What Does the Bible Say About Entrepreneurship?

The Bible says a lot about entrepreneurship. So, if you’re thinking about becoming an entrepreneur, take heed. This article covers some of what it says about launching, growing, and maintaining a successful enterprise.

What the Bible Says

  • Count the costs.

Suppose one of you wants to build a tower. Won’t you sit down first to estimate the cost to see if you have enough money to complete it (Luke 14:28)? Simply put, count the cost before you launch. Know what it takes. Do you have enough funds? What do you need to get started? What is the cost for supplies? Services? Overhead? How long can you survive without a salary?

Moreover, counting the costs involves taking stock of your ability to persevere and make sacrifices. Building a business takes commitment and faith. Contrary to what you’ve heard, overnight success is rare. So, count the costs before you leap. You’re in it for the long haul.

  • Timing is key.

To everything there is a season, and a time to every purpose under the heaven (Ecclesiastes 3:1). Like any endeavor, in business timing is everything. Is this the season for you to pursue a business? Is the timing ripe for expanding or delving into a new arena?

  • Seek wisdom.

Get wisdom; develop good judgment. Don’t forget my words or turn away from them (Proverbs 4:5). All in all, wisdom is knowing the right thing to do. Conrad Hilton, for example, prayed before making all business deals; he physically went to the property being considered (to be alone and hear from God).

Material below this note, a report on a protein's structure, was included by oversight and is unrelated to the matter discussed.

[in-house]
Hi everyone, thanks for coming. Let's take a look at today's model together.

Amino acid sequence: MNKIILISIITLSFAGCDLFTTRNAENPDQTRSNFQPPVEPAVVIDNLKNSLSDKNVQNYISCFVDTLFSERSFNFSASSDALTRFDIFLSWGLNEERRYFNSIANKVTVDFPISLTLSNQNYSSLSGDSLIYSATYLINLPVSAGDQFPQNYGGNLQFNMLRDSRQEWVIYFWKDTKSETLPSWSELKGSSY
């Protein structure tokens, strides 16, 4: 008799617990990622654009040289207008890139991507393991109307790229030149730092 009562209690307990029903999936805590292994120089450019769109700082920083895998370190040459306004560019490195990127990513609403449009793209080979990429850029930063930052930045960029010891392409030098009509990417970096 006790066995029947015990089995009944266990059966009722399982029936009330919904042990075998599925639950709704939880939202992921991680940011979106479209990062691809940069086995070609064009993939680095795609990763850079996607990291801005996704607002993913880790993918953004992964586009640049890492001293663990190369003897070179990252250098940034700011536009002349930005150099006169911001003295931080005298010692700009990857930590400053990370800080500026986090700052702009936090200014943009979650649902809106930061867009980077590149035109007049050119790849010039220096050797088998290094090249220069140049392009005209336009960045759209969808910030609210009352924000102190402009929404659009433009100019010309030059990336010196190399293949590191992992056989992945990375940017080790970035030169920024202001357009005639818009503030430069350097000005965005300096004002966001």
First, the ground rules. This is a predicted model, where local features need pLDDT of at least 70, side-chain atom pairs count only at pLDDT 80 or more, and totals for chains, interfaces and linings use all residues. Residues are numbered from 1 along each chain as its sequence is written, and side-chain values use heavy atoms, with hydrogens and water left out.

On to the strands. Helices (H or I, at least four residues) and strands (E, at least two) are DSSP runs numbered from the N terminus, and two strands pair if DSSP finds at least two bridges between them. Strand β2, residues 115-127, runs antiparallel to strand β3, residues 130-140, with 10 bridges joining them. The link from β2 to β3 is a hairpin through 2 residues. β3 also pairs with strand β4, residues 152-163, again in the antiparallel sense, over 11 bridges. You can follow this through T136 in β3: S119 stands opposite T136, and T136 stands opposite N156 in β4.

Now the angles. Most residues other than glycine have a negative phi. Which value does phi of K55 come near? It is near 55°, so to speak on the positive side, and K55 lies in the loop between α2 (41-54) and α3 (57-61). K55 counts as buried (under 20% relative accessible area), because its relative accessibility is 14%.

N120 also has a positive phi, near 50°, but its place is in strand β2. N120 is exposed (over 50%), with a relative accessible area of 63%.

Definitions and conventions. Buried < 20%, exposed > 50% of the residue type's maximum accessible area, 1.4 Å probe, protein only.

• Know the source of your wealth.

Remember the Lord your God. He is the one who gives you power to be successful in order to fulfill the covenant he confirmed to your ancestors with an oath (Deuteronomy 8:18). When you succeed, don’t forget the Creator. Furthermore, the fortune is not just for you; the money has a mission. Save some, spend some, and give some.

  • Get a team of advisors.

Every purpose is established by counsel; and with good advice make war (Proverbs 20:18). At length, you will need the expertise of skilled advisors ( an attorney, an accountant, and an insurance agent). They’re key to establishing, monitoring, and protecting the operation.

  • Develop a spirit of excellence.

Not slothful in business; fervent in spirit; serving the Lord (Romans 12:11). Either give it your all or walk away. This mindset will keep you committed to giving everything your best.

  • Sharpen your people skills.

Be quick to hear, slow to speak, slow to anger (James 1:19). Customers, workers, vendors, and colleagues will say or do something that rubs you the wrong way. Instead of reacting, shake it off. Anger clouds your judgment.

  • Avoid panic.

Be anxious for nothing; but in everything by prayer and supplication with thanksgiving let your requests be known unto God. And the peace of God which passeth all understanding will keep your hearts and minds through Christ Jesus (Philippians 4:6-8). Never make decisions when you’re anxious or emotionally drained. Both breed confusion; this births desperation and regret.

  • Be diligent.

Do you see someone skilled in his work? They will serve before kings; they will not serve before officials of low rank (Proverbs 22:29). Being diligent in business brings rewards (more business, contracts, contacts, exposure, unique opportunities, recognition, honor, etc.).

  • Stay motivated.

I can do all things through Christ which strengtheneth me (Philippians 4:13). You will have good days and bad days. Therefore, remember that you have help and the resolve despite the circumstances.

Source by Stephanie Harbin

Diana McCalpin is an accountant who manages a Certified Public Accounting Practice in Laurel, Maryland which performs audit, accounting and tax services to customers. She loves to share information with clients to help them grow their businesses and be profitable.

Share this

Leave a Reply